Most software implementation happens in an IDE, and for most developers, the IDE is their “home”, where they get their “real” work done. The tasks they work on though, are tracked with JIRA issues.

With the Atlassian Connectors for IDEs, we’ve brought your JIRA issues front and center to Eclipse, and IntelliJ IDEA, allowing you to browse through filters, quickly open up issues, view details, add comments, and more.

That was a great start, but what would be more awesome is if the IDE could be even smarter, by tracking context of the issue you are currently working on, and make it easy, obvious, and convenient to do the things you want to do in that context.

Active Issues in Eclipse

Eclipse - Task List.png

In Eclipse, the concept of an active “task” already existed with the Mylyn project, which allowed developers to manage the tasks they were working on. The natural extension was to allow using JIRA issues as the source for these tasks. And that’s what we have done with the Atlassian Connector for Eclipse. Opening up the JIRA issue in Eclipse allows you to make full use of the Mylyn functionality, such as scheduling the tasks.

With Mylyn and the Atlassian Connector for Eclipse, you can also associate a ‘context’ to the active issue. This context keeps track of all the file editors opened for that task. Imagine being half way though working on a new feature when you suddenly need to jump over and fix a critical bug? You can quickly switch the active task to the bug. When you’re done with the bug and want to continue working on the new feature, just reactivate the task, all the file editors are opened, exactly as you left it before.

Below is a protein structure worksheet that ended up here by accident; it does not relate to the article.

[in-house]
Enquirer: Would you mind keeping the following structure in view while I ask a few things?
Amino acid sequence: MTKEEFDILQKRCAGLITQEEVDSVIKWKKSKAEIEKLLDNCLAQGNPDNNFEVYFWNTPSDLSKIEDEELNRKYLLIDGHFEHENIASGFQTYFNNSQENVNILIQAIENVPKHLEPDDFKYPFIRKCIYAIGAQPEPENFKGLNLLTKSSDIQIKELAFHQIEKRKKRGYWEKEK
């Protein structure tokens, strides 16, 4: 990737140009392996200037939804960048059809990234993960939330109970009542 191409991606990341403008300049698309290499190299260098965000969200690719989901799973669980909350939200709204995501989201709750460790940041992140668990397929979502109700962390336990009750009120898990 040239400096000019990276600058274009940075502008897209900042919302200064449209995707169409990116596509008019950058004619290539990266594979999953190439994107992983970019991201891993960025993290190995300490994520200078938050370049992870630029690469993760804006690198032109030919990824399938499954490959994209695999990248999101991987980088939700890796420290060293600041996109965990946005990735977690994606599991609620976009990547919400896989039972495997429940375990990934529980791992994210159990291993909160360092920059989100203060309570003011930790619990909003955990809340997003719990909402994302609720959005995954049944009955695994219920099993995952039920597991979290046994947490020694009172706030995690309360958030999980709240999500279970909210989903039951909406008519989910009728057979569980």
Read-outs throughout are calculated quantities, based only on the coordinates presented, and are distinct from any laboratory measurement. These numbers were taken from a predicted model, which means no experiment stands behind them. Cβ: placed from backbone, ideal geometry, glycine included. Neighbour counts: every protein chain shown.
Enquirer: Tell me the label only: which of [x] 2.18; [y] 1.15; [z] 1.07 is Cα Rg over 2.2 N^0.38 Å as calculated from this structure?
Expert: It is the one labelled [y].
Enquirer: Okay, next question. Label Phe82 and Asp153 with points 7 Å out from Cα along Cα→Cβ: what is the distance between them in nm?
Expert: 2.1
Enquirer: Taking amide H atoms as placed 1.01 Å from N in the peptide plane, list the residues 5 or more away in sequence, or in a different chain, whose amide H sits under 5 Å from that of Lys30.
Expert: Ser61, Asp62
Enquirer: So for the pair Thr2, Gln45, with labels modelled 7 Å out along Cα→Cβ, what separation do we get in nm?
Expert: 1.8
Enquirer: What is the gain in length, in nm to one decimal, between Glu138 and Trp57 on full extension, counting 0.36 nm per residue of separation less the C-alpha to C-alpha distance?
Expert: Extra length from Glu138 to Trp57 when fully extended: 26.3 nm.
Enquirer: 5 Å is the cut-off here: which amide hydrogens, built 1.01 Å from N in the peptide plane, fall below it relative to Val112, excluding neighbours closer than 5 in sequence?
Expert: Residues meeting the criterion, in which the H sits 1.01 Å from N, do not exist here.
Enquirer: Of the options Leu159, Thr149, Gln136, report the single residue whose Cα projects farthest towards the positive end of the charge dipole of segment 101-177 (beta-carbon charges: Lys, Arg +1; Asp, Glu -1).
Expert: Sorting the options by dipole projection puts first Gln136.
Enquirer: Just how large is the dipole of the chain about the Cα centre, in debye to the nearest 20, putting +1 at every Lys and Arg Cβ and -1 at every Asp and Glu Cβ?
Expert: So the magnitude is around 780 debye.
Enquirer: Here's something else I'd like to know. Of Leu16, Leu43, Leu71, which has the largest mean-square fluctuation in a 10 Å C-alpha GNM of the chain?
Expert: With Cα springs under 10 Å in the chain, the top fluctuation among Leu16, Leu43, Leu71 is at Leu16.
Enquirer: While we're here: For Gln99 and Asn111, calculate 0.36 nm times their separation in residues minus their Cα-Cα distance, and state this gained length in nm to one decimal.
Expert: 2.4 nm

Active Tasks in IntelliJ IDEA

Unlike Eclipse, IntelliJ IDEA (prior to release 9) doesn’t have the built in concept of tasks and contexts that integrates with with JIRA issues. So we took a different tact with the Atlassian Connector for IntelliJ.

When looking at an issue, you can activate it with a simple click. Once active, an issue will:

  • Place the issue in the along the top of your menu – giving you quick access to the issue.
  • The dropdown also gives you quick access to the issues you recently looked at.
  • Set the status of the JIRA issue to “In Progress”.
  • Start an internal timer for the issue, used for time logging.
  • Create an IDEA changelist and activate it for you. Do you find yourself always looking up the JIRA issue key and including it in the commit message. This will automatically populate the commit message with the issue details.

IDEA - Issue List.png

Whilst in the context of the active issue issue:

  • You can quickly go to the JIRA issue tool window by clicking on the issue key up top.
  • You can log time. This will open a window populated by the internal timer.
  • You can create a comment against the issue.

And when you’re done, click the stop button:

  • Set the issue to stop progress in JIRA.
  • Take it off the top “bar”
  • Allow you to commit the changeset.
  • Allow you to log time done.

IDEA - Stop Issue.png

With IntelliJ IDEA 9 coming, we intend to extend the active task concept to IntelliJ IDEA’s context management capability.

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